Crime Monthly

The incredible story of the Silk Road, known as “ebay for drugs”



s a child,

Ross Ulbricht was bright and fearless. As a teen, he partied at weekends and worked hard at school in Austin during the week. After earning a scholarshi­p to the University of Texas, then another to Penn State for a Masters, he wrote on social media of being “overwhelme­d with the glory of being alive”. But Ulbricht could quickly become disillusio­ned if things didn’t go his way, and he soon became tired of his studies. Instead, he started up a used-book company, donating proceeds towards youth programmes and giving leftover books to prisons. Again, though, it only took one thing to throw him off. When he arrived at the warehouse to find shelves had collapsed, he turned his back on it and decided on a new path.

Ulbricht had started to adopt certain beliefs, one of which was that there should be minimal interventi­on by the State in the free market and private lives of citizens. His Linkedin page, which is still visible, says, “I want to use economic theory as a means to abolish the use of coercion and aggression amongst mankind.” He added, “The best way to change a government is to change the minds of the governed.” He framed himself as a digital freedom fighter – and that was the beginning of Silk Road, an illicit website that would later become known as “ebay for drugs”.


Ulbricht created the website to allow users to buy illegal drugs without the risk of being traced by the government. Named after the ancient trading routes between India, China and Europe, the site operated on the dark web, the recesses of the internet where bitcoin and anonymous browsers made users untraceabl­e. Ulbricht tested the site by sending himself drugs through the post, and when he was successful, Silk Road was launched in February 2011. The website broke down different offerings into categories, and sellers promised free samples in exchange for reviews, with products arriving innocently packaged up inside decoy parcels of DVDS or lip balm. Buyers could read reviews of different drugs and sellers, alongside tips on how to inject safely.

It wasn’t long before Silk Road took off. Soon, the site was enabling nearly 4,000 dealers worldwide to sell their products to more than 100,000 buyers. The most popular drug was marijuana, but you could buy anything from steroids and heroin, to fentanyl and even, some sources claim, the Devil’s Breath. Nicknamed “the scariest drug in the world”, it reportedly removes any free will while the victim is under the influence, turning them into a zombie.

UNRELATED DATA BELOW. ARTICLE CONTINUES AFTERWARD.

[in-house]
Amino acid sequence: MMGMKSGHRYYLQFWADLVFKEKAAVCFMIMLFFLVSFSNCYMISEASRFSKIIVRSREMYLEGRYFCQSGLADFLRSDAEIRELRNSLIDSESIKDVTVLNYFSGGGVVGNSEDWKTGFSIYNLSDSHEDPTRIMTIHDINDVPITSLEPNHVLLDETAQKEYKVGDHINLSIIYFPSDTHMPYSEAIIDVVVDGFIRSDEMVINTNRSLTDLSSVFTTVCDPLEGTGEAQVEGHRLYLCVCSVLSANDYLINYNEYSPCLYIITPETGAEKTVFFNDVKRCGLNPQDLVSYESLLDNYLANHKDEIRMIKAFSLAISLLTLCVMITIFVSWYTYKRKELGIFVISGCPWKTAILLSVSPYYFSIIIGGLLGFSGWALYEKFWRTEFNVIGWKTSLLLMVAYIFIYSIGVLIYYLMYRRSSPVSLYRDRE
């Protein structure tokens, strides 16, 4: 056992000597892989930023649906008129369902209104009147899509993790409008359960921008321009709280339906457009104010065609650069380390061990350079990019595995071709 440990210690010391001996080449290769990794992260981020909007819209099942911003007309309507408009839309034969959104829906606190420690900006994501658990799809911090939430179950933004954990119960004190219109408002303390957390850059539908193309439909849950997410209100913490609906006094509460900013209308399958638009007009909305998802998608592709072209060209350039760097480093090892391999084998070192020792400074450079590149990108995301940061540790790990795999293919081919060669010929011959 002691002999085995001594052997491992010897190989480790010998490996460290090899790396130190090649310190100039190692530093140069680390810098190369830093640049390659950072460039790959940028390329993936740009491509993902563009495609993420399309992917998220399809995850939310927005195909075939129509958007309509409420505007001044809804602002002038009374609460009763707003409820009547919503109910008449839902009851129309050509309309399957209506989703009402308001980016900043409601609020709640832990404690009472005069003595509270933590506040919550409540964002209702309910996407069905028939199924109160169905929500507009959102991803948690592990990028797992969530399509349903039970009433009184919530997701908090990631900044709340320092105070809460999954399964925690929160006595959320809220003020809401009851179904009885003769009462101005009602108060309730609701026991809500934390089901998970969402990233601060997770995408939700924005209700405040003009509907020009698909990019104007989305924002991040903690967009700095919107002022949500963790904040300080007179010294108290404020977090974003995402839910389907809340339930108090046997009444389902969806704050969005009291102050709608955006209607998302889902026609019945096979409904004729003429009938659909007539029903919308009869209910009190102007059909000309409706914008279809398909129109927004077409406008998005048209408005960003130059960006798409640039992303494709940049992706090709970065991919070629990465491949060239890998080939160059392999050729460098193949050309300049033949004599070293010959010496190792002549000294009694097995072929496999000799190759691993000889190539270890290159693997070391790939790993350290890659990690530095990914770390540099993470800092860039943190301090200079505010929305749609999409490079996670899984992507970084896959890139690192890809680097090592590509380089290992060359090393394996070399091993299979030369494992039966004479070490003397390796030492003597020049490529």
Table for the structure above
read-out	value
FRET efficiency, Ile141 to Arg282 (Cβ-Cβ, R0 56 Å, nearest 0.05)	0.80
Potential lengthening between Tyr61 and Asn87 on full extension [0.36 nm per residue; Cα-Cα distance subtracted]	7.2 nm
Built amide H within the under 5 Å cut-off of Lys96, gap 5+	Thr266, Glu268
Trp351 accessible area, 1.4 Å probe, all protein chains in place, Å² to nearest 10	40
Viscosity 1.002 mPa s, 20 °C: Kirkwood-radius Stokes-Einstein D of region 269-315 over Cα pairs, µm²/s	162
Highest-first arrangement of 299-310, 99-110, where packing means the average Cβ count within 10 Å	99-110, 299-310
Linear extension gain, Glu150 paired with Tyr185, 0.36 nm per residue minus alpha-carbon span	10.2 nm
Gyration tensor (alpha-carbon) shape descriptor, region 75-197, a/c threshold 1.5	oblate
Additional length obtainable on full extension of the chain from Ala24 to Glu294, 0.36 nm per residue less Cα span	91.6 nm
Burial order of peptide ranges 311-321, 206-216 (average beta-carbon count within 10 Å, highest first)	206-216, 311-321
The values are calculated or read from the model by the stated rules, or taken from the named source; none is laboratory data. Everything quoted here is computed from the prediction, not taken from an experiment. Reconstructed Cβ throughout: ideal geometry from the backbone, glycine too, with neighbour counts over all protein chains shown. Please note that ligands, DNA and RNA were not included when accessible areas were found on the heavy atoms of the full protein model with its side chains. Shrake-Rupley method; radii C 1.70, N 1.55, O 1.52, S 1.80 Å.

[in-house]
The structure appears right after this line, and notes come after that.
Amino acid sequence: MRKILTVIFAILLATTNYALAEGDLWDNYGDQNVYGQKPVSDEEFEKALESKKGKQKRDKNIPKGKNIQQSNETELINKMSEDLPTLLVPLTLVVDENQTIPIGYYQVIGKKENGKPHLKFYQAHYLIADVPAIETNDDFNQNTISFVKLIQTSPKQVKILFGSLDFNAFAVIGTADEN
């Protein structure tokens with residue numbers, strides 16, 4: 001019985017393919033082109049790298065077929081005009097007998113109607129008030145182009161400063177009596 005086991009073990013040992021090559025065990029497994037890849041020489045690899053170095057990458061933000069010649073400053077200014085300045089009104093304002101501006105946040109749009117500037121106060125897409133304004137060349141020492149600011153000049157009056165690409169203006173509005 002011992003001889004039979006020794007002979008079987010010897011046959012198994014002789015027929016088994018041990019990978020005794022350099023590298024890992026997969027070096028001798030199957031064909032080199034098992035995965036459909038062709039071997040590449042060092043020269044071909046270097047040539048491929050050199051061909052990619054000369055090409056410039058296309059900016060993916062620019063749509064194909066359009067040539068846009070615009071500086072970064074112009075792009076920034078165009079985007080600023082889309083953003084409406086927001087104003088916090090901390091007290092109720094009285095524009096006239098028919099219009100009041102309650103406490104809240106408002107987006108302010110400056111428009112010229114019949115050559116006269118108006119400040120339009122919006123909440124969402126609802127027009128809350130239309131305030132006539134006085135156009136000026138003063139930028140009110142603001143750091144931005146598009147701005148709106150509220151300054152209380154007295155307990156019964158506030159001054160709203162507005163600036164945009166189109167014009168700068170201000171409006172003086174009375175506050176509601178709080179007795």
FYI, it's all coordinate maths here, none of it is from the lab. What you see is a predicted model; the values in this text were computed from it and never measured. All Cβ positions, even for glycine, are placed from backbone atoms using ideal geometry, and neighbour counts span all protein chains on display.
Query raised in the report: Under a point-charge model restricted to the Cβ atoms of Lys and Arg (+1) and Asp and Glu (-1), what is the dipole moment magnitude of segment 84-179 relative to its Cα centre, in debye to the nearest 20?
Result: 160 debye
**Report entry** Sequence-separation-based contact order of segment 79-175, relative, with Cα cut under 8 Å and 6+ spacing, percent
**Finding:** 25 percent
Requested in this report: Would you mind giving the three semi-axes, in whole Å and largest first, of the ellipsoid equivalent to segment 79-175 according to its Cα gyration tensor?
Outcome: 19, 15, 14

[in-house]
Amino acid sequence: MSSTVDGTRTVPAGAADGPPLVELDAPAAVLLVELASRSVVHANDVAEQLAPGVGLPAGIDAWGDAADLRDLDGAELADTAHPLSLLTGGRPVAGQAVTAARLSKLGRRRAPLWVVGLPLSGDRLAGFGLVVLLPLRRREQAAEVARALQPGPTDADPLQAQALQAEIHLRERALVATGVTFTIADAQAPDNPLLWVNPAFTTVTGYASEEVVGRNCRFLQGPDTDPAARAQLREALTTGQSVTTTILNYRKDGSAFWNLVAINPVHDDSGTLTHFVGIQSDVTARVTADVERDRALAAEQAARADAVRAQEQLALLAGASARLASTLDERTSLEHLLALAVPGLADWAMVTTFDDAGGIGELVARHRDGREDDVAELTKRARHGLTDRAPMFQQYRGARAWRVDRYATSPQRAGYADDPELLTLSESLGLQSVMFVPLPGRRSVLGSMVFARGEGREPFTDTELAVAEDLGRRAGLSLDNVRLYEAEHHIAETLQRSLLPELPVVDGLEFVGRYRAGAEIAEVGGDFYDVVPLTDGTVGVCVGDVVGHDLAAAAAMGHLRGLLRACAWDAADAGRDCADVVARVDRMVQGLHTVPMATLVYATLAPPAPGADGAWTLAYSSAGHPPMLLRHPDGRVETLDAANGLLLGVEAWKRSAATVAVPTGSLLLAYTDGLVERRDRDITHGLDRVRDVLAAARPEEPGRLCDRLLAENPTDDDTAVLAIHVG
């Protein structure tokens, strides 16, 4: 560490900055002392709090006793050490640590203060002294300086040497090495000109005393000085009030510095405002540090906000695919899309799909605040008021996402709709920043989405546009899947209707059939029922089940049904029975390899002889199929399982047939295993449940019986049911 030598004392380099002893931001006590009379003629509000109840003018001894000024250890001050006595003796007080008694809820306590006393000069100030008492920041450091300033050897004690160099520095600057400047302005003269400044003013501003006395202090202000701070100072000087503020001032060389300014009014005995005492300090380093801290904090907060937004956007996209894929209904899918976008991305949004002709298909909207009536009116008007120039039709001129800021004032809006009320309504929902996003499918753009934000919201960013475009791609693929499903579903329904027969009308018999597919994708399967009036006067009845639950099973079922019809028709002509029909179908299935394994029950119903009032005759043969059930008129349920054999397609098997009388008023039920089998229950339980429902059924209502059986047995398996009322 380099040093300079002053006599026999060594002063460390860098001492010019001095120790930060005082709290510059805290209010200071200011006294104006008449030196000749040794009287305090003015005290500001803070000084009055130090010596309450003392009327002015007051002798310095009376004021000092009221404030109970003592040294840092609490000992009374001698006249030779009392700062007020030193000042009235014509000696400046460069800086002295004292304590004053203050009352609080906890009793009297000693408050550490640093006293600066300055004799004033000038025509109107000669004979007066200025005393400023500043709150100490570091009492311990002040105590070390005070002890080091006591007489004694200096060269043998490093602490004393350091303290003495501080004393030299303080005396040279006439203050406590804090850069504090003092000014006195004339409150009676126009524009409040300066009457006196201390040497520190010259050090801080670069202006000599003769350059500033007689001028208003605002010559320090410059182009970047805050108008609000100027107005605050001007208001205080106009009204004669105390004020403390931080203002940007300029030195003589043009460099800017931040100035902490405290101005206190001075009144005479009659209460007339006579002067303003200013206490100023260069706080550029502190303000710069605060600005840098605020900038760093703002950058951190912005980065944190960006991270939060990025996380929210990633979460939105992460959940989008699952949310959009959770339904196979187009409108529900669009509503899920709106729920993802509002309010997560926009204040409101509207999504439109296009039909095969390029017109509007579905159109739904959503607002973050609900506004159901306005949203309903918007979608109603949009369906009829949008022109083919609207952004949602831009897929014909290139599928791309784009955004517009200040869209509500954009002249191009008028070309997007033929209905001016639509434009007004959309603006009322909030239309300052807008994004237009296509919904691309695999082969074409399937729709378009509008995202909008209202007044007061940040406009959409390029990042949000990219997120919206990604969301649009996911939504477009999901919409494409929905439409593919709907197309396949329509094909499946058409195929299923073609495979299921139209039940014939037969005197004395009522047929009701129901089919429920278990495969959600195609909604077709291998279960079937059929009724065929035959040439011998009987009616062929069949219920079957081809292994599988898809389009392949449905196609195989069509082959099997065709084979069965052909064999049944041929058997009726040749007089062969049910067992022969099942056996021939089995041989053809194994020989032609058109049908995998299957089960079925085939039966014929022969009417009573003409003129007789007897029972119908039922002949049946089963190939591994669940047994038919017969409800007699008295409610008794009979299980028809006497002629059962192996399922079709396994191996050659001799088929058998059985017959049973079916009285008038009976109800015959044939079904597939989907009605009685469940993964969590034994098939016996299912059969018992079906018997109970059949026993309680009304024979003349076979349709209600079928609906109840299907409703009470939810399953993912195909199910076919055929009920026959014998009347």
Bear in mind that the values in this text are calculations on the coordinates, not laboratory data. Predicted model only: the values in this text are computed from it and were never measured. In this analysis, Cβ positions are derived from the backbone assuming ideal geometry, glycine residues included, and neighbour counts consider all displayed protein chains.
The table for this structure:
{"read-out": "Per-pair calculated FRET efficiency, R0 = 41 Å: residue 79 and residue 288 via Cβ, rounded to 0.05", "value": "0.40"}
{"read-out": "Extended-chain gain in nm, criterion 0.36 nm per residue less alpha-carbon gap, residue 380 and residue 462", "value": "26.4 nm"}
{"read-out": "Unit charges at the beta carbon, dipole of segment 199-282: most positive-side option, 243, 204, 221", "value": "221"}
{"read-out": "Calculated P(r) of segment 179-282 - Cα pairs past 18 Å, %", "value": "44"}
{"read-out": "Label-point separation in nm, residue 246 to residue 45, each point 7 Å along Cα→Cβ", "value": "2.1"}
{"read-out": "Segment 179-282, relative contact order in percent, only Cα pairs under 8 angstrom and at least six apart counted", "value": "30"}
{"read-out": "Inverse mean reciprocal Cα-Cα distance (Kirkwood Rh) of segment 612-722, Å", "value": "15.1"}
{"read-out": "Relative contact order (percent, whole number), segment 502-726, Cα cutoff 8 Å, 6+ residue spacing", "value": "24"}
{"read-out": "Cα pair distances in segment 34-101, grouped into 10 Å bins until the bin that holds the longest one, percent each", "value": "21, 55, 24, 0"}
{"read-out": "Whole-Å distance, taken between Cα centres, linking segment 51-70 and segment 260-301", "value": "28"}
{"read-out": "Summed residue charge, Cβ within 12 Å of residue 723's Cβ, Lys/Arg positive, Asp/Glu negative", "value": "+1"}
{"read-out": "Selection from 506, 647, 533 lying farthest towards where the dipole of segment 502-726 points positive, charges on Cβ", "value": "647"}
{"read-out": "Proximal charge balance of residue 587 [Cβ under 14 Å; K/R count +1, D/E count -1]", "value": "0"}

Ulbricht was very active online. He operated under the screen name Dread Pirate Roberts or DPR, a character taken from the film The Princess Bride, who was known for criticisin­g regulation. He would chat to customers behind his alias about cutting out the State and returning power to the individual. But his attempts at creating a libertaria­n haven were not going unnoticed. Quietly, the FBI and DEA had begun working to track down Ulbricht, who was running into difficulti­es himself.


While his friends and family thought Ulbricht was working in finance, he was running his empire alone and beginning to realise he needed help. In 2012, he struck up a friendship with a customer named Curtis Green. Green began brokering sales, but was arrested in January 2013, after receiving over a kilogram of cocaine in the post.

Ulbricht was terrified Green would reveal what he knew about Silk Road , and that wasn’t all. Ulbricht confided in another Silk Road user that Green had stolen $350,000 of bitcoin. Ulbricht told the user he wanted Green beaten up, which the user agreed to arrange. Then Ulbricht decided Green knew too much – he needed to be killed, instead. He wrote to the seller, “Can you change the order to execute rather than torture?” He justified his actions by saying that, although he hadn’t killed before, “It is the right move in this case”. He agreed to pay $80,000 and allegedly received photos of Green’s body to show it had been carried out. But things were not getting any better for Ulbricht.

A user known as Friendlych­emist was demanding $500,000 to pay a Silk Road drug dealer he claimed had scammed him. Friendlych­emist threatened that, if Ulbricht didn’t pay, he’d reveal informatio­n about his dealers and customers. When Ulbricht contacted the supposed scammer, a person using the name Redandwhit­e and claiming to be connected to the Hell’s Angels responded – and Ulbricht saw an opportunit­y to solve the new problem. He told Redandwhit­e he “wouldn’t mind” if Friendlych­emist was killed. In a transcript later read out in court, Ulbricht wrote, “In my eyes,


Friendlych­emist is a liability and I wouldn’t mind if he was executed”. A hit was arranged and – to Ulbricht’s knowledge – carried out, but not before Friendlych­emist pointed the finger at yet another dealer he claimed was set to blackmail Ulbricht. Ulbricht agreed a fee to also have that drug dealer, known as Tony76, and his roommates killed, paying another $500,000 to take care of the latest problem. Later, police couldn’t prove the murders took place, or even locate records for anyone with those names. But the conversati­ons did occur, showing Ulbricht had moved far beyond the realms of enabling the sales of drugs, to having those he saw as his enemies destroyed. By now, a number of deaths from drug overdoses had been linked to products bought from Silk Road, and law enforcemen­t were keen to catch the man behind it.

Yet, Ulbricht’s downfall was to

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 ??  ?? Tax sleuth Gary Alford
Tax sleuth Gary Alford
 ??  ?? Curtis Green was allegedly murdered
Curtis Green was allegedly murdered
 ??  ?? Supporters of Ulbricht
protest at the court
Supporters of Ulbricht protest at the court
 ??  ?? Parents Lyn and Kirk Ulbricht
Parents Lyn and Kirk Ulbricht
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